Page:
Keyword: bai tang gao, steamed rice cake, traditional chinese snack
Prep Time: 10minutes
Cook Time: 2hours30minutes
Total Time: 2hours40minutes
Author: Bee Leng | The Burning Kitchen
Bai Tang Gao, or Steamed Rice Cake, is a traditional Chinese dessert made with rice flour and white sugar. Bring back childhood memories with this recipe, or make it for your children so that they'll know what it tastes like!
Wash the pandan leaves and cut them into 6-inch lengths.
Sieve the 140 gm of rice flour into a big bowl. Then add 1/4 tsp of salt (optional) and 150 gm of water to the flour and mix well with a whisk.
For the syrup, measure out 100 gm of sugar into a pot, then add pandan leaves and 150ml water into the pot. Bring to a boil for about 5 minutes.
Remove the pandan leaves and sieve the syrup.
Slowly pour the syrup into the rice flour mixture, stirring it constantly to prevent it from getting lumpy and set aside and let it cool until about 30°C or warm. If the mixture becomes lumpy, sieve the mixture to remove any lumps.
Dissolve 1/2 tsp of yeast with 1 TBsp of warm water and leave it for 5 mins or until it bubbles. Then add the yeast into the rice flour mixture, and 1 tsp of oil and stir well.
Cover the bowl with a cling wrap and leave it in a warm place for about 2 hrs or until it bubbles.
Grease a 7.5 inch stainless steel plate with oil.
Fill a wok with water and bring to a boil.
Loosely wrap a aluminium foil over the steaming plate to form a cover. Once the shape is formed, remove the aluminium foil gently.
Place the plate on the steaming rack in the wok. Then using a spoon, stir the rice flour mixture before pouring onto the plate, ensuring that the plate is level. Then cover it with the aluminium foil cover and steam over high fire for about 20 minutes.
After 20 minutes, use a satay stick to prick in the centre, if it comes out clean, then it is done.
Remove plate from the wok and remove the aluminium foil and let the steamed rice cake / Bai Tang Gao cool completely before cutting. Serve warm or at room temperature. Enjoy!
Make sure that the amount of water does not reduce significantly when preparing the pandan sugar syrup. If not, the water will not be the right quantity.
Pour the hot syrup into the rice flour mixture very slowly and stir it constantly to prevent lumps. This will ensure that the rice flour and water are mixed well until smooth.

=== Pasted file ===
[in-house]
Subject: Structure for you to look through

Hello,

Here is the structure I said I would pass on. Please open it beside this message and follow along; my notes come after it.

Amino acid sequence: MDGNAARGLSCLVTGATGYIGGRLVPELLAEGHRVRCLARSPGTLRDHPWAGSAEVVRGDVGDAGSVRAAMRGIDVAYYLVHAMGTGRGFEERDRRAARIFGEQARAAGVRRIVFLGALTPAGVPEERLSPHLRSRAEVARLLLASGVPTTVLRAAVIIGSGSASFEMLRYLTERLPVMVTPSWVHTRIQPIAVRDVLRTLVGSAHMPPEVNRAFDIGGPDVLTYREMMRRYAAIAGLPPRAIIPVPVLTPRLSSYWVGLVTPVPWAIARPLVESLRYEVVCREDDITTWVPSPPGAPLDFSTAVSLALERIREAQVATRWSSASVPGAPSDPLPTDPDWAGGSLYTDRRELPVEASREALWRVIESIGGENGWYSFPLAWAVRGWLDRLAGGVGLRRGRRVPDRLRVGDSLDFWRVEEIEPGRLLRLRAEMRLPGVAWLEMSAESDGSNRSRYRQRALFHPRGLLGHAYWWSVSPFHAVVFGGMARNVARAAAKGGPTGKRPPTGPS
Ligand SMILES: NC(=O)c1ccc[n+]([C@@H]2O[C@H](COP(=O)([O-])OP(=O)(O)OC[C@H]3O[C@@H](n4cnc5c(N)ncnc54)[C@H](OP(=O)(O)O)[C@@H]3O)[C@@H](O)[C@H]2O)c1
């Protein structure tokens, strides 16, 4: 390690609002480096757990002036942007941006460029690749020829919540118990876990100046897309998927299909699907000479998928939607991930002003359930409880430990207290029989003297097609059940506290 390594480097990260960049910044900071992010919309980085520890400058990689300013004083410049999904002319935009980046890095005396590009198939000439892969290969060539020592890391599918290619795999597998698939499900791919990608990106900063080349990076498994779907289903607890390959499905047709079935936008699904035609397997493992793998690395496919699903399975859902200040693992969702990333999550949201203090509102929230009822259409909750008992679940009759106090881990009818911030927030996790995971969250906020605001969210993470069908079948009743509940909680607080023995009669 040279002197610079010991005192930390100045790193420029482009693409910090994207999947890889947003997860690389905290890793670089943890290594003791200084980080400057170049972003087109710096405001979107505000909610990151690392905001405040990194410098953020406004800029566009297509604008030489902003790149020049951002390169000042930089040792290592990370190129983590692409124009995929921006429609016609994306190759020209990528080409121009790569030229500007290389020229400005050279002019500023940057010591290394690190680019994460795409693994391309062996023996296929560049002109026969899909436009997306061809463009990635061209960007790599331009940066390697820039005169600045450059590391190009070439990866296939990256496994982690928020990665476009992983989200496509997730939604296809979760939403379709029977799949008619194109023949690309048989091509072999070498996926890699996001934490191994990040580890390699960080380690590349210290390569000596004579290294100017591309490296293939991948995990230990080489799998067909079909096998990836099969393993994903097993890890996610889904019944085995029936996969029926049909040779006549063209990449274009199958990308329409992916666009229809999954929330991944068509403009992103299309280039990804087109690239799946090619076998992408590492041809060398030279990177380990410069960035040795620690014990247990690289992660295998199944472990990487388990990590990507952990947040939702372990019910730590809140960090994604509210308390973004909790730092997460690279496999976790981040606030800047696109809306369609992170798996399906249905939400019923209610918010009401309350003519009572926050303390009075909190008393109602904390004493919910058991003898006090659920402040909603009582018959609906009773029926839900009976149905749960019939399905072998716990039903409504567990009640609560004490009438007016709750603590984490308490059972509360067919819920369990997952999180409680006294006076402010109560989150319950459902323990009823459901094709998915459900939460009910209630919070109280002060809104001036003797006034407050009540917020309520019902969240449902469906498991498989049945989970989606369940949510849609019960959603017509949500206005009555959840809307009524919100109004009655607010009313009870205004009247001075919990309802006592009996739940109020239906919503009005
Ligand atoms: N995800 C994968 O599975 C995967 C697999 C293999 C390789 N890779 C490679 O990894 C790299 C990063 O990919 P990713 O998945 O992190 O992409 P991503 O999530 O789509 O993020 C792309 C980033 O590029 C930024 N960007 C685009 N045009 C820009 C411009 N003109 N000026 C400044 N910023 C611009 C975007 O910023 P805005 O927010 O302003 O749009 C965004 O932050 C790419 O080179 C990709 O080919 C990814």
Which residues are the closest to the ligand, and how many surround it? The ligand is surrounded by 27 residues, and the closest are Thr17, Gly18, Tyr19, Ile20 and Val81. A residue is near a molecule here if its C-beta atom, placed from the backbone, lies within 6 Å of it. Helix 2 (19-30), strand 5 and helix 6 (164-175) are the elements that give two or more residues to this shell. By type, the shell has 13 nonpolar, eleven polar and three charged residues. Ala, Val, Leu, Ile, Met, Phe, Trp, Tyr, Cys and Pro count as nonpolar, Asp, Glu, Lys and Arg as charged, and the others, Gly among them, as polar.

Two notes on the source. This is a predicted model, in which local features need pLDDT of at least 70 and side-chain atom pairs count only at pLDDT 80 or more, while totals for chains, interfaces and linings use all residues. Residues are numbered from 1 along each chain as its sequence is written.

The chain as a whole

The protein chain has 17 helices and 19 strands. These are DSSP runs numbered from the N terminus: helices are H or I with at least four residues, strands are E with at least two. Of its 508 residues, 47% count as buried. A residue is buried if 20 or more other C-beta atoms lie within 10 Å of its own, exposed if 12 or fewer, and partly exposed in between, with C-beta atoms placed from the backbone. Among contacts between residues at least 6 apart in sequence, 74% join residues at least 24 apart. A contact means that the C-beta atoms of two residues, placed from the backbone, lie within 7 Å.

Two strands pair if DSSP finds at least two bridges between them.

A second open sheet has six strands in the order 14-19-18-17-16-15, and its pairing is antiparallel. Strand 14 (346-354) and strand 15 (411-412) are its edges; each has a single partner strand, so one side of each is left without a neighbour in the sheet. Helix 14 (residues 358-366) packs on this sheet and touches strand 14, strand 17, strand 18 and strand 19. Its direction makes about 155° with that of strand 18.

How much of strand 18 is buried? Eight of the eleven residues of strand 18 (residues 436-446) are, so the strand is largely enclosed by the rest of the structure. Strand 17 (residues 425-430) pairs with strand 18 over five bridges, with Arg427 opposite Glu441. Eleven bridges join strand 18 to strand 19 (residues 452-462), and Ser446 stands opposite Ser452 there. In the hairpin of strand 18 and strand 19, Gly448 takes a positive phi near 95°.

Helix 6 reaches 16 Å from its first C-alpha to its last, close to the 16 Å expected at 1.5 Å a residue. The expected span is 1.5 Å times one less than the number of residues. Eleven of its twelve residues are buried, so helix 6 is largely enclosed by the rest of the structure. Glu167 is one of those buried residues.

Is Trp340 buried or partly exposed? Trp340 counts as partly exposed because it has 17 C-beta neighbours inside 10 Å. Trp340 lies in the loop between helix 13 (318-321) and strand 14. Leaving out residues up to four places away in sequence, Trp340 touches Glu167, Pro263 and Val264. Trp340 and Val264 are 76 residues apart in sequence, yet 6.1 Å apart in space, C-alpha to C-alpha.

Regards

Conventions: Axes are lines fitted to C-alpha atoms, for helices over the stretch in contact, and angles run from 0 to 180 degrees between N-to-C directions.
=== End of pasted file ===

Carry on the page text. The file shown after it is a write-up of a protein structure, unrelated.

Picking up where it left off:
Cut onlywhen the steamed rice cake / Bai Tang Gao is completely cooled (at least 1-2 hours)
For a 9-inch square tin, multiply the recipe by 1.5x. The amount of ingredients should be 50% more than suggested in this recipe. (I used a 7.5 inch base sloped stainless steel plate.)
HOW DO YOU KNOW IF THE YEAST IS GOOD?
Yeast is the key ingredient that aerates the Bai Tang Gao by introduces air pockets to form its distinctive honey-comb structure.
Yeast tends to lose its efficacy after being stored for some time (even if its not yet expired).
The Bai Tang Gao will end up dense and undercooked if the yeast is too old, as the heat cannot penetrate well to cook it through.
Ensure that you see the bubbles form within 5 minutes of mixing it with warm water to know if the yeast is good.
HOW TO STEAM BAI TANG GAO WITH A WOK
Make sure to stir the mixture well before pouring the rice flour mixture onto the steaming plate. Why? After 2 hours of resting, the heavy flour residue, will sink to the bottom, leaving a layer of water above it. Stir it to mix the flour well.
Cover the plate with aluminium foil to prevent water droplets on the wok cover from falling into the plate, and making the steamed rice cake soggy. Alternatively, use a big towel to wrap over the cover.
The amount of water for steaming must be the same level as the rack when placed in the wok to allow enough steam to circulate evenly in the wok while steaming.
Do not shake the plate when transferring the plate of rice flour mixture into the wok for steaming. If not, the Bai Tang Gao will be lope-sided, with one half thicker than the other.
Keep a kettle of boiling water on standby in case you need to top up the water for steaming.